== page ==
One Year After Cecil's Killing, It's High Time to Take Aim at Trophy Hunting
David Cote, CEO of Honeywell, a company in the top tier of the Fortune 500, shot a white rhino and had parts of the prehistoric-looking animal made into two vases, an ashtray, and an ice bucket. How’s that for treating the natural world as your playground and reducing one of the most magnificent animals on the planet into an array of frivolous decorative items for your home?
On his trips to Africa, perhaps on the dime of Honeywell and possibly delivered there courtesy of the company plane, Cote also shot leopards and even some captive animals, including an endangered Bontebok and a black wildebeest. He didn’t restrict his killing to the southern hemisphere – he pursued and killed lots of animals in the top half of the world, from Alaska to Russia.
He’s hardly the only fat cat to use his wealth and privilege to spread suffering and death. Jimmy John Liautaud, CEO of the eponymous fast-food company, has killed enough animals to fill a museum – including a rhino, an African elephant, a leopard, and even a hyena. He also shot a lynx and a wolf. He had a compatriot in former GoDaddy CEO Bob Parsons, too. In 2006 alone, SCI records show Parsons killed a kudu, an eland, a bushbuck, and a grysbok in Zimbabwe and even bison in the United States. In 2011, he posted a video of himself killing an elephant – a hunt that could have cost him up to $500,000.
But these guys are all pikers compared to Thomas J. Hammond, founder of Flagstar Bank, which in 2012 paid a $133 million settlement for predatory and fraudulent mortgage lending practices. Hammond has killed at least 13 African lions, 11 elephants, five leopards, and even a highly endangered cheetah, among thousands of other animals. In all, he claims he’s killed 314 different species. There’s a fellow who values biodiversity as his own personal grab bag.
Today, on the eve of the one-year anniversary of the slaying of Cecil the lion – an act that inadvertently threw back the curtain on the perverse subculture of high-price competitive trophy hunting with the United States as the top importer – The HSUS and Humane Society International release a report that reveals trophy hunting’s terrible foothold within the United States. It’s a realm filled with thousands of people pursuing the biggest animals in the world, in order to get into the record books, by killing enough animals to qualify for the “grand slams” and “inner circles” that secure their place in the Safari Club International’s pantheon of trophy hunting. The SCI’s awards include the “Africa Big Five,” “Bears of the World,” “Cats of the World,” and “Introduced Trophy Game Animals of North America,” which essentially requires the trophy hunter to shoot dozens of captive animals on American “canned hunting” facilities.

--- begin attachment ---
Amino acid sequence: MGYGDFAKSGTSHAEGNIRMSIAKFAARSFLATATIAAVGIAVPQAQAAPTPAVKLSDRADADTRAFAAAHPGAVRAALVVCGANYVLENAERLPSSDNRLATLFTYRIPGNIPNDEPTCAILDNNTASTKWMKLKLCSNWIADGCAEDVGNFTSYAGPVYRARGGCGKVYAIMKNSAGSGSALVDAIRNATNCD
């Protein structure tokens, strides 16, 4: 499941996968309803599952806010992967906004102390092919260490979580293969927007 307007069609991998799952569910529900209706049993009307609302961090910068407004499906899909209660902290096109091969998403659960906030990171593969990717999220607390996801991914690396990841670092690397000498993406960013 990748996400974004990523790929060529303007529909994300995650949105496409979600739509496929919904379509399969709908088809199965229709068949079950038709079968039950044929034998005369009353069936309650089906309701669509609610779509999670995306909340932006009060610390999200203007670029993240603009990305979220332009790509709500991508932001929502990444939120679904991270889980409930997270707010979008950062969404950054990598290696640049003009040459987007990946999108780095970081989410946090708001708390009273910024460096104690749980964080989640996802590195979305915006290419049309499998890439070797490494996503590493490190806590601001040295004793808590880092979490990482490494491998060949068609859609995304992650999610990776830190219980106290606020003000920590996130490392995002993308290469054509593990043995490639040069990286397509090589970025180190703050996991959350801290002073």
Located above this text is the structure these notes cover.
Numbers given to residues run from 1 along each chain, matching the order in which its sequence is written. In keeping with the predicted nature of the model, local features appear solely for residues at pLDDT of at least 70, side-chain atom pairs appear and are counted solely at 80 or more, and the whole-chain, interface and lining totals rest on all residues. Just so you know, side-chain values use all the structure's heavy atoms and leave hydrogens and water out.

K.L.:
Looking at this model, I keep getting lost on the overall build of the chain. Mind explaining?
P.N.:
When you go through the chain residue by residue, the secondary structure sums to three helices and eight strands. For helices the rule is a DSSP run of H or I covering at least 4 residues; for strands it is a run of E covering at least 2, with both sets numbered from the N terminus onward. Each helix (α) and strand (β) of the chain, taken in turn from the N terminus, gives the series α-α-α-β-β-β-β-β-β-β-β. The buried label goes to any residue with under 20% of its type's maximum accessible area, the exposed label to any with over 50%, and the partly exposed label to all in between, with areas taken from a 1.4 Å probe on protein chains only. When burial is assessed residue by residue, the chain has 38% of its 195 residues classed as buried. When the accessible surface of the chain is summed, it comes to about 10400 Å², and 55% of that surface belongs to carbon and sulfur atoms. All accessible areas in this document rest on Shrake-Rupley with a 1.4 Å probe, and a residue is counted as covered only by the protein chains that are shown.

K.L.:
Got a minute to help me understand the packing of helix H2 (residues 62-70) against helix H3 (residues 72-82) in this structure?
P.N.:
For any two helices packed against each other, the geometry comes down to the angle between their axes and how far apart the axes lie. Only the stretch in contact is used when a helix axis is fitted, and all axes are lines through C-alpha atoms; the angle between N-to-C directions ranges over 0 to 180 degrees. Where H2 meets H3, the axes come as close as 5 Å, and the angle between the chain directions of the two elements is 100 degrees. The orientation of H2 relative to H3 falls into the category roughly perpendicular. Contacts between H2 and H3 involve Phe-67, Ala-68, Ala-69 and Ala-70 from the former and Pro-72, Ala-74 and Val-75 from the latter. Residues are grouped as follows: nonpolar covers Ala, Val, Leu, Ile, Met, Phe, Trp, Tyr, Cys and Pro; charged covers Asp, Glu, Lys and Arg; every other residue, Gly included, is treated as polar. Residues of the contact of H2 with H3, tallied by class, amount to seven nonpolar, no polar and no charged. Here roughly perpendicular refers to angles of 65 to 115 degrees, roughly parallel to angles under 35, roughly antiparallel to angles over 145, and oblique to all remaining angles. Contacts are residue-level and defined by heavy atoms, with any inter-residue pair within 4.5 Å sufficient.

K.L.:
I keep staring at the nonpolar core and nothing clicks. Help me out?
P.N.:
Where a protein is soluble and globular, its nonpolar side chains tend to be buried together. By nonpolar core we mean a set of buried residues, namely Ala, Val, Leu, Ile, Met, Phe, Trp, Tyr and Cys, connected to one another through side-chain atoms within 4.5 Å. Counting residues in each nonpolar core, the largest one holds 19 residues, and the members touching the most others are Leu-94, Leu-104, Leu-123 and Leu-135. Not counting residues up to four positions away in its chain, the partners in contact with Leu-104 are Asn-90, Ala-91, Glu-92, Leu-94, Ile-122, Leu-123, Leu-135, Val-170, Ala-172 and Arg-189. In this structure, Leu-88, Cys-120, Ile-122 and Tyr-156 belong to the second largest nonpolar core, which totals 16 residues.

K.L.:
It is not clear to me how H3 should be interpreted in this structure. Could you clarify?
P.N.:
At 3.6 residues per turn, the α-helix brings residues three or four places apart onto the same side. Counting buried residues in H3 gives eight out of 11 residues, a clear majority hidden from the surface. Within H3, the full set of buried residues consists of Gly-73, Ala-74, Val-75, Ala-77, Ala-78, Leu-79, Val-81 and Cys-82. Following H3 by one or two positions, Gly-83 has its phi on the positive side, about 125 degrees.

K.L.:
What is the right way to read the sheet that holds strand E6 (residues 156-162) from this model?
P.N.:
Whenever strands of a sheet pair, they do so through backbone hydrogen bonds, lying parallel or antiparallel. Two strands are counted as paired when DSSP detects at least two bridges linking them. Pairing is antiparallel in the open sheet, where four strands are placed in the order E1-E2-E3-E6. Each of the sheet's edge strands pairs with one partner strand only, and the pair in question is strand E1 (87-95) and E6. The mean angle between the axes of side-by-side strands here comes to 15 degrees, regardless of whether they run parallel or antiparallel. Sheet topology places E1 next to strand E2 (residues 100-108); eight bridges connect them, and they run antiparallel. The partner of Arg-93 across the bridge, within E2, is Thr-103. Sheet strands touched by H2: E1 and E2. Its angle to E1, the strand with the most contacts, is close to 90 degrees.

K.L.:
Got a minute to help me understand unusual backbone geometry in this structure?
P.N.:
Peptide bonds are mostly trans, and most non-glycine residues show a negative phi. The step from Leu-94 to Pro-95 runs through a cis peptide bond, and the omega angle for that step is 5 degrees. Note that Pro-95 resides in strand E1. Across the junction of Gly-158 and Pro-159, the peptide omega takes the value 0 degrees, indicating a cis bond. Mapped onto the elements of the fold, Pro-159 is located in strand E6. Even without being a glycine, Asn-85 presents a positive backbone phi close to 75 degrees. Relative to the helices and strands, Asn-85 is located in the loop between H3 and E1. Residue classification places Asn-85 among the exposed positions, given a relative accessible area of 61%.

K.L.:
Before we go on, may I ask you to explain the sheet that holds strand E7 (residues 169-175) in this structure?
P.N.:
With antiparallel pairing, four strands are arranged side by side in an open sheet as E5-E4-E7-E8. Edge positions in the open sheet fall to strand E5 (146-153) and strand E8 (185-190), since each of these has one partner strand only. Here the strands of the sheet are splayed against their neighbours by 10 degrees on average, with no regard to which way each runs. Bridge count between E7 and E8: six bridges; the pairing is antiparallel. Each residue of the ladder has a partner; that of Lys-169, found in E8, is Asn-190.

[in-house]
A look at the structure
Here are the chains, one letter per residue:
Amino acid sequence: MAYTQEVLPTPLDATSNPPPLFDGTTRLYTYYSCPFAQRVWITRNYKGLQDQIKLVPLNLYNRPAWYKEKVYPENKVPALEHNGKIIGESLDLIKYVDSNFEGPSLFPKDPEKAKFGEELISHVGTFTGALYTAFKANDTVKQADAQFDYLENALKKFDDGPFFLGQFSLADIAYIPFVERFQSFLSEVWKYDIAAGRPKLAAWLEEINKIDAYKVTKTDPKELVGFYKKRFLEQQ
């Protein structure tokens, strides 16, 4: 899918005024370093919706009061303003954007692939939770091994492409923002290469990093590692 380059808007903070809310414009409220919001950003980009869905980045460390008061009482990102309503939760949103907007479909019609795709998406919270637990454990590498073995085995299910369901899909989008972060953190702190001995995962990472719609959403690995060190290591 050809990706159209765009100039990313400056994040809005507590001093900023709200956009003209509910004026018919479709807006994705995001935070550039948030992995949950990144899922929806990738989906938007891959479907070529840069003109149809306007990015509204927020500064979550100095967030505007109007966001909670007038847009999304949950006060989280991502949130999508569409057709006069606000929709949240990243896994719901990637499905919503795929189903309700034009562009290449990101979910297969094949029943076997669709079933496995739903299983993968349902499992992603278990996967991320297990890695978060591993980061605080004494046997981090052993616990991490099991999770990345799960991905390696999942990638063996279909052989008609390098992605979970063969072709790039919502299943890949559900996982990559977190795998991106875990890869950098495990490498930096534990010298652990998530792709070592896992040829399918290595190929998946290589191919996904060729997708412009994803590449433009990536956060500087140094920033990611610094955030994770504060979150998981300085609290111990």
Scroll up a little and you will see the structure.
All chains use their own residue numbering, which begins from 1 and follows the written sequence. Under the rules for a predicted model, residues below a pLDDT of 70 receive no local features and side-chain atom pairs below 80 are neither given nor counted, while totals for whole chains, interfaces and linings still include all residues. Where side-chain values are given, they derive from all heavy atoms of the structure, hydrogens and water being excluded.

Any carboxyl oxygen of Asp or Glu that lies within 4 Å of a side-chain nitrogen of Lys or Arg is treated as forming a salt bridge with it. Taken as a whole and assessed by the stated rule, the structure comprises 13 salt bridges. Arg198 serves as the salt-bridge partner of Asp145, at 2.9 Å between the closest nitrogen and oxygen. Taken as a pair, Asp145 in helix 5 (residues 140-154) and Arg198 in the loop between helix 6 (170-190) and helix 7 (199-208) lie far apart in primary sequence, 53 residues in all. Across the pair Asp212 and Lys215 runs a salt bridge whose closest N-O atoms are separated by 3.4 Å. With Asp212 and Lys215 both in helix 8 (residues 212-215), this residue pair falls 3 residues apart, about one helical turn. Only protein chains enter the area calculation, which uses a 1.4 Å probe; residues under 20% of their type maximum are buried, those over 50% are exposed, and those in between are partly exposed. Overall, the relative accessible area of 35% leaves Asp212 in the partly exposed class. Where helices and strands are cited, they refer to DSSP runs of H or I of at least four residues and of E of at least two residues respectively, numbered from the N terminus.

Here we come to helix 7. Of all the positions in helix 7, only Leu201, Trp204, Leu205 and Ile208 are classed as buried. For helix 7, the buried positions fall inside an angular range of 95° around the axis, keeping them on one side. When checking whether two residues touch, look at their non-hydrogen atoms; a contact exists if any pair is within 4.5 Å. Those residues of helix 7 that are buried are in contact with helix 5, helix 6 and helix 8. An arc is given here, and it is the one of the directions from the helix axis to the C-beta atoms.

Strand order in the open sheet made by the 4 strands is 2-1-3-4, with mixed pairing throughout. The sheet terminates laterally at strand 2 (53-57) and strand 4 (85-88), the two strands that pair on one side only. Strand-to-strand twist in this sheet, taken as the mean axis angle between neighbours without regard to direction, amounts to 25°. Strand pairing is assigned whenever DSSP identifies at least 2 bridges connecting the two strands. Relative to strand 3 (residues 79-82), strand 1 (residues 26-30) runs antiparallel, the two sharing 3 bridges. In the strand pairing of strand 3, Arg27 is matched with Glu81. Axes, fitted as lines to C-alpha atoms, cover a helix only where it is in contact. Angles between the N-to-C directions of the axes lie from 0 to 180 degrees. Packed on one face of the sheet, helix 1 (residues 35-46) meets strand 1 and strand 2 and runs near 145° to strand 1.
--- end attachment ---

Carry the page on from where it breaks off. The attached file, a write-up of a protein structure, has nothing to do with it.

We had our cameras rolling at the SCI convention in Las Vegas earlier this year to get the unfiltered views of the trophy hunters and the guides and outfitters who are known to all but guarantee a successful hunt, in what is known in the industry as a “no kill, no pay” arrangement. Walter Palmer paid an estimated $50,000 to kill Cecil after the lion wandered out of the protected range of Hwange National Park in Zimbabwe and into range of Palmer’s bow and arrow. Trophy hunters may pay even more for an elephant or a rhino, or a little less for a leopard or a Cape buffalo.
Drawing an estimated 25,000 trophy hunting enthusiasts, the SCI convention displays taxidermied lions, wolves, leopards, bears, elephants, mountain goats, and other creatures as killer porn bait for these bloodthirsty gents. Around 500 trophy hunting outfitters are on hand to book sales well into 2018.
The annual convention is a major source of income for SCI. According to its financial statement for 2014, 62 percent of SCI’s $23.8 million in revenue was generated by that year’s convention – a large chunk of this was from auctioning off hunts to a host of willing bidders.
Our cameras captured the guides and outfitters saying some pretty extraordinary things. A representative of Hallamore Hunts noted, “The problem with lion, isn’t to get him to eat the bait, he’s gonna eat the bait. Problem is, does he have a nice mane?” A person with Swanepoel Safaris noted that captive lion hunting is a major industry in South Africa, with probably 1,000 lions being shot there each year by hunters. “In South Africa they’re so, so affordable. Thirty thousand dollars, you can shoot a hell of a big lion, you know.”
Just like the factory farms or commercial seal killing that are the targets of other HSUS and HSI campaigns, these activities are so removed from daily experience that most of us hardly realize that they are occurring. That’s why the image of the grinning Walter Palmer and his guide over the slain Cecil came as such a jolt – it looked perfectly cruel and bizarrely colonial.
With today’s report, we remind the world that there are plenty of Walter Palmers still creating mayhem at the edges of the social grid. It will be made tougher now with U.S. restrictions, successfully petitioned for by The HSUS, Humane Society International and our partners, on the import of African lion trophies. And the U.S. Fish and Wildlife Service has not permitted the import of elephant trophies from Tanzania and Zimbabwe since 2014.
But it’s still not enough to put a stop to this trophy hunting madness. Only shining a light on the participants, and passing stricter laws in the range countries, importing countries, and right here in the United States, can stop them from killing so many of the planet’s most majestic creatures for ego, for awards, and for a deep-seated instinct to dominate, kill, and acquire. It just fuels the outrage, on top of that, to see that these people have the audacity to try to excuse their selfish, life-nullifying acts as generous act of conservation. Anybody who sees what they do, and the trail of destruction they leave, knows better.